Presentation on theme: "Lockheed C-130 Hercules By Michael Henry 2-11-00."— Presentation transcript:
Lockheed C-130 Hercules By Michael Henry 2-11-00
C-130 Development Development of the C-130 was a direct result of the Korean War, it was at this time that the U.S. realized that they did not have a military transport capable of short take off and landing. The project was awarded to Lockheed Martin, and began as the YC-130. When the design was complete its appearance was nothing spectacular, in fact it was viewed by many as a step backwards in aircraft design. At this time aircraft design was moving in the direction of sleek more aerodynamic designs with swept wings. The blunt nose and unswept wings of the YC-130 were anything but innovative. The simplicity of the aircraft avoided major alterations, relying primarily on the strength of the new turboprop propulsion, and the high lift capabilities of the Lockheed-Fowler type wing flaps. The first flight of the C-130 was nearly 42 years ago, and since then it has been delivered to over 60 different countries. One of the most incredible characteristics of the C-130 is its versatility. With stalling speeds as low as 115 mph and a range of 2356 miles (at max payload), it is capable of performing numerous low speed missions. A few examples are displayed in the following slides.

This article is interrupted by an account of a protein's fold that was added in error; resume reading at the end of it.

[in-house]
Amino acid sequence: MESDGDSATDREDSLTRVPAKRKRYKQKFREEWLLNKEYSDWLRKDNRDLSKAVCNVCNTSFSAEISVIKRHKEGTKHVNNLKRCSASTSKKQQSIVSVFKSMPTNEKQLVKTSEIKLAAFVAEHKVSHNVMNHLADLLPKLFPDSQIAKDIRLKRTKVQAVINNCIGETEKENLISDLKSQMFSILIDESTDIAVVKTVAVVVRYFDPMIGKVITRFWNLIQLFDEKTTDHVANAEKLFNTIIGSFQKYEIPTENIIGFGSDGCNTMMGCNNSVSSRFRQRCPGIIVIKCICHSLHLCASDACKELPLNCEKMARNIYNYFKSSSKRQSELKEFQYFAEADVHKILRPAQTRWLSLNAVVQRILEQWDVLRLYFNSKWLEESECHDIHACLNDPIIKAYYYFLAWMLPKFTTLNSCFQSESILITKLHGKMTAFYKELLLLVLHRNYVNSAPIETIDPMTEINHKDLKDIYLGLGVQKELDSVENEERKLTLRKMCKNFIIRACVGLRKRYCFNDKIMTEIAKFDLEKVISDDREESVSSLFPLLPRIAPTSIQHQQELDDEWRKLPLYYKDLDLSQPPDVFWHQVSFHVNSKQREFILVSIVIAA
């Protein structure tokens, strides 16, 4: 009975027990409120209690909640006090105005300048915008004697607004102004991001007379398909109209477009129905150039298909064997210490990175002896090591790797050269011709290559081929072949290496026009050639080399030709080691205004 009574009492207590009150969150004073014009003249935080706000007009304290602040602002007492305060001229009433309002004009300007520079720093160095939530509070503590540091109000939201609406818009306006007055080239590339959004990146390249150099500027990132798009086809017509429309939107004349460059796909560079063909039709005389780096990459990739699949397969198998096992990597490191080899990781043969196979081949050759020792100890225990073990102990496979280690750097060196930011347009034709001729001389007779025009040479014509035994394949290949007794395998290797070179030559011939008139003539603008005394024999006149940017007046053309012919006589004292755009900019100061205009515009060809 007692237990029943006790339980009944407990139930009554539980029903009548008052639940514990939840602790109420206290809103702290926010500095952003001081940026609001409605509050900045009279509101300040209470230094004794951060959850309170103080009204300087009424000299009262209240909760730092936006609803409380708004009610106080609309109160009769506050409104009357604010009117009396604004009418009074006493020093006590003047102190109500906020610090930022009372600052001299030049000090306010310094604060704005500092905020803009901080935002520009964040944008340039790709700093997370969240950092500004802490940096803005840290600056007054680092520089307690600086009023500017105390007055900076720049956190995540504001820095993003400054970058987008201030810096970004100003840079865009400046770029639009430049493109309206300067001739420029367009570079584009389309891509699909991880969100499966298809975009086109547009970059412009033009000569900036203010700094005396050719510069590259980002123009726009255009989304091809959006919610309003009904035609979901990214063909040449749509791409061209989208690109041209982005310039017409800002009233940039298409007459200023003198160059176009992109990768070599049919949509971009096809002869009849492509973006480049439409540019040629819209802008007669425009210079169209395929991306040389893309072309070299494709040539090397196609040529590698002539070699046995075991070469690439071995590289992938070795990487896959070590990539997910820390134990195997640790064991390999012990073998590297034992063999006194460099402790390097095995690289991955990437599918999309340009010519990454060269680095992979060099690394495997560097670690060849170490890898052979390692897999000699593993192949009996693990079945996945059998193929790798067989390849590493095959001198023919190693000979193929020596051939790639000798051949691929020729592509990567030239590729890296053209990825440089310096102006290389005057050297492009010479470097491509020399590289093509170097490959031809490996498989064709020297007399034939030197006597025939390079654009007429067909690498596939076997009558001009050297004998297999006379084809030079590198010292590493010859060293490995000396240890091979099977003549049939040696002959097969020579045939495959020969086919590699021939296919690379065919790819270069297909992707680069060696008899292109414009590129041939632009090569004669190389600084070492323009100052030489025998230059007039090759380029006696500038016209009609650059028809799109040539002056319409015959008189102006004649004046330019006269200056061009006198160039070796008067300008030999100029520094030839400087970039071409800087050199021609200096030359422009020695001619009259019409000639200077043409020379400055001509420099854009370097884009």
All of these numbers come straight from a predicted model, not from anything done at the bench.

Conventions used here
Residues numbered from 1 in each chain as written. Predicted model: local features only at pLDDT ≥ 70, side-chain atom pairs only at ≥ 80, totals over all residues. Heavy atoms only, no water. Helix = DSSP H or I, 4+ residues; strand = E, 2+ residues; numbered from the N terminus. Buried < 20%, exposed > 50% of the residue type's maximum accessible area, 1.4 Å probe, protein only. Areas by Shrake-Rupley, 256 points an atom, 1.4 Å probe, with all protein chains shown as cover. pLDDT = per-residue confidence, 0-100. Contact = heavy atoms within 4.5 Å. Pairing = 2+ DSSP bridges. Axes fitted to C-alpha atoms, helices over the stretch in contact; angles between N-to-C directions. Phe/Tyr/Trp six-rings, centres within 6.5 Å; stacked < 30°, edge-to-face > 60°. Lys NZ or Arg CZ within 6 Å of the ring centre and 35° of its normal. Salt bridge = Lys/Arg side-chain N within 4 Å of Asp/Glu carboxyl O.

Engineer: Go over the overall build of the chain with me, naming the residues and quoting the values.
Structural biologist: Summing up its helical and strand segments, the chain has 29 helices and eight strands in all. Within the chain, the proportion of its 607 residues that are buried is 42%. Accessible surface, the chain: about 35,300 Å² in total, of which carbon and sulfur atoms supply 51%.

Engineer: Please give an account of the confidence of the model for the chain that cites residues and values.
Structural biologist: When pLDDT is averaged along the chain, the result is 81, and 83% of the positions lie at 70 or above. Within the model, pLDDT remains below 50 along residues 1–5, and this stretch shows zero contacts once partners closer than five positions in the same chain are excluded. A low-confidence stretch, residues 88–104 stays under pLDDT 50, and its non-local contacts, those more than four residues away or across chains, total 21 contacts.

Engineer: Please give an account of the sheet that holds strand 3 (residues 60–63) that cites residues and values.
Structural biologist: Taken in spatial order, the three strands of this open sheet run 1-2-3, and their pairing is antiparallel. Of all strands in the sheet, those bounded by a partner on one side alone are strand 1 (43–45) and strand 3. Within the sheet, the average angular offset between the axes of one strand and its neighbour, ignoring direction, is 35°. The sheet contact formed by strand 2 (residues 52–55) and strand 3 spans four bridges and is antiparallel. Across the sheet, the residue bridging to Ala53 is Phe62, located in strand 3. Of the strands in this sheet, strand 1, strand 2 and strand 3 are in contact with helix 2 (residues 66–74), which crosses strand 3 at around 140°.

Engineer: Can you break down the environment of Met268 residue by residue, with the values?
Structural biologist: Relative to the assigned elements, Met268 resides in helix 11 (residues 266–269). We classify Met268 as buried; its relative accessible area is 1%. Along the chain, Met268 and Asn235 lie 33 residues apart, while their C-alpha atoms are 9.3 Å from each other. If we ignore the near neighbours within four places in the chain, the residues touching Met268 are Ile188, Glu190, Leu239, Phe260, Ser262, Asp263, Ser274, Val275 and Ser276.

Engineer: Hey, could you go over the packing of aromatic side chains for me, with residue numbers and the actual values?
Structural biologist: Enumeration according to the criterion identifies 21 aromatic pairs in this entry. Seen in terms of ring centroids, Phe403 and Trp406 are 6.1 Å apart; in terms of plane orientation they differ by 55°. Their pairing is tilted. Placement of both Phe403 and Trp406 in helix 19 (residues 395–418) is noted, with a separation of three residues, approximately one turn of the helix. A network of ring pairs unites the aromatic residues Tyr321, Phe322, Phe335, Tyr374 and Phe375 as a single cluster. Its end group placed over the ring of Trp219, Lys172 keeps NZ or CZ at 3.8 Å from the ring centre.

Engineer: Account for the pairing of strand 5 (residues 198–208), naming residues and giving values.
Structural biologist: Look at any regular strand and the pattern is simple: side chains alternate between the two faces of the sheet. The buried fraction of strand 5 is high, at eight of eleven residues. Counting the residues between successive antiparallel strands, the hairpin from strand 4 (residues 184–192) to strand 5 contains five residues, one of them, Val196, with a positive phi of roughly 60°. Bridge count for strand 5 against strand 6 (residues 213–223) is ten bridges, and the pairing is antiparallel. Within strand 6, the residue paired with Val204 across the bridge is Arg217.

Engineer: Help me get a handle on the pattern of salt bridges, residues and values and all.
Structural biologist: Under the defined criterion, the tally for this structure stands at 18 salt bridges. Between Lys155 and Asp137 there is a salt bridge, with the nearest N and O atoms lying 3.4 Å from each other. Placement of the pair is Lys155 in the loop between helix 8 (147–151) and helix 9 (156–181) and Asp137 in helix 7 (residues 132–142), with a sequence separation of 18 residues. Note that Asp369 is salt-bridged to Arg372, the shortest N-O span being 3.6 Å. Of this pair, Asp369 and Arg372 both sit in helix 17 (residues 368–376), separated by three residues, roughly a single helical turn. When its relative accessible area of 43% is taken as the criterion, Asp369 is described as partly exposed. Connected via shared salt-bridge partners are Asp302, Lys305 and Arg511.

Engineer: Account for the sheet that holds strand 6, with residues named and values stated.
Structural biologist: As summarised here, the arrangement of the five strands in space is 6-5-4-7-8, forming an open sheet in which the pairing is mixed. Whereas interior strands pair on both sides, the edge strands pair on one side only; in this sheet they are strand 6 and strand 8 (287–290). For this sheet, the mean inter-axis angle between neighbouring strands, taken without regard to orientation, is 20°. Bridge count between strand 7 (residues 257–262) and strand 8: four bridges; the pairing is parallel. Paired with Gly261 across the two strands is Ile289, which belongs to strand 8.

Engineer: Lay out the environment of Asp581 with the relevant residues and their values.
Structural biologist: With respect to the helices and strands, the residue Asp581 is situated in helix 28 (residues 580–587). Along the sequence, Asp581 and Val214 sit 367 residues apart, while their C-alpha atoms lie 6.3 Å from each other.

Configuration Wingspan = 132’ 7” Wing Area = 1745 ft 2 Aspect Ratio = 10.09 Taper Ratio = 0.8568 Twist Angle = 3 o Dihedral Ang. = 2 o -30’ Unswept Wings! W/S) max 89 lb/ft 2 Airfoils –tip: NACA 64A318 –root: NACA 64A412 High lift flaps –Lockheed-Fowler type
Propulsion –Four Allison T56-A-15 turboprops –Thrust - 4910 hp each Weight –Empty - 80,000 lbs –Max T/O - 175,000 lbs Range –2,356 mi (w/ max payload) Speed –Cruise - 374 mph
Roles for the C-130 Fire-FightingParatroop Operations
Vertical Take-off During the 1980 Iran hostage crisis the United States were desperate for a vehicle that could rescue 53 American hostages inside a stadium. An attempt was made to alter the C-130 Hercules for vertical take off and landing. Two prototypes were developed which were equipped with lift-rockets slanting downward, slowdown rockets pointing forward, missile motors facing backward, and still more rockets for stability. The design was “ugly” but amusing. The first prototype attempt failed when rockets discharged prematurely, and the second was never tested before the release of the hostages. Carrier Onboard Delivery In 1963 the U.S. Navy decided to try to land the C-130H on an aircraft carrier. At this time the Grumman C-1 was used COD purposes, but it had a limited payload and only a 300 mile range. To perform the stunt the Navy used a YC-130 refueler with some minor alterations: addition of an anti-skid brake system, removal of the refueling pods, and the installation of a smaller nose gear orifice. The C-130 successfully landed at multiple gross weights from 85,000 to 121,000 pounds.
References Neely, Mike: http://www.TheAviationZone.com/facts.htm. Gager, Scott: http://www.spectrumwd.com/c130/index.sht Jane’s: All the World’s Aircraft, 1985 Pike, John: http://www.fas.org/man/dod-101/sys/ac/c-130.htm http://hometown.aol.com/mkonvalin/fave/herk.htm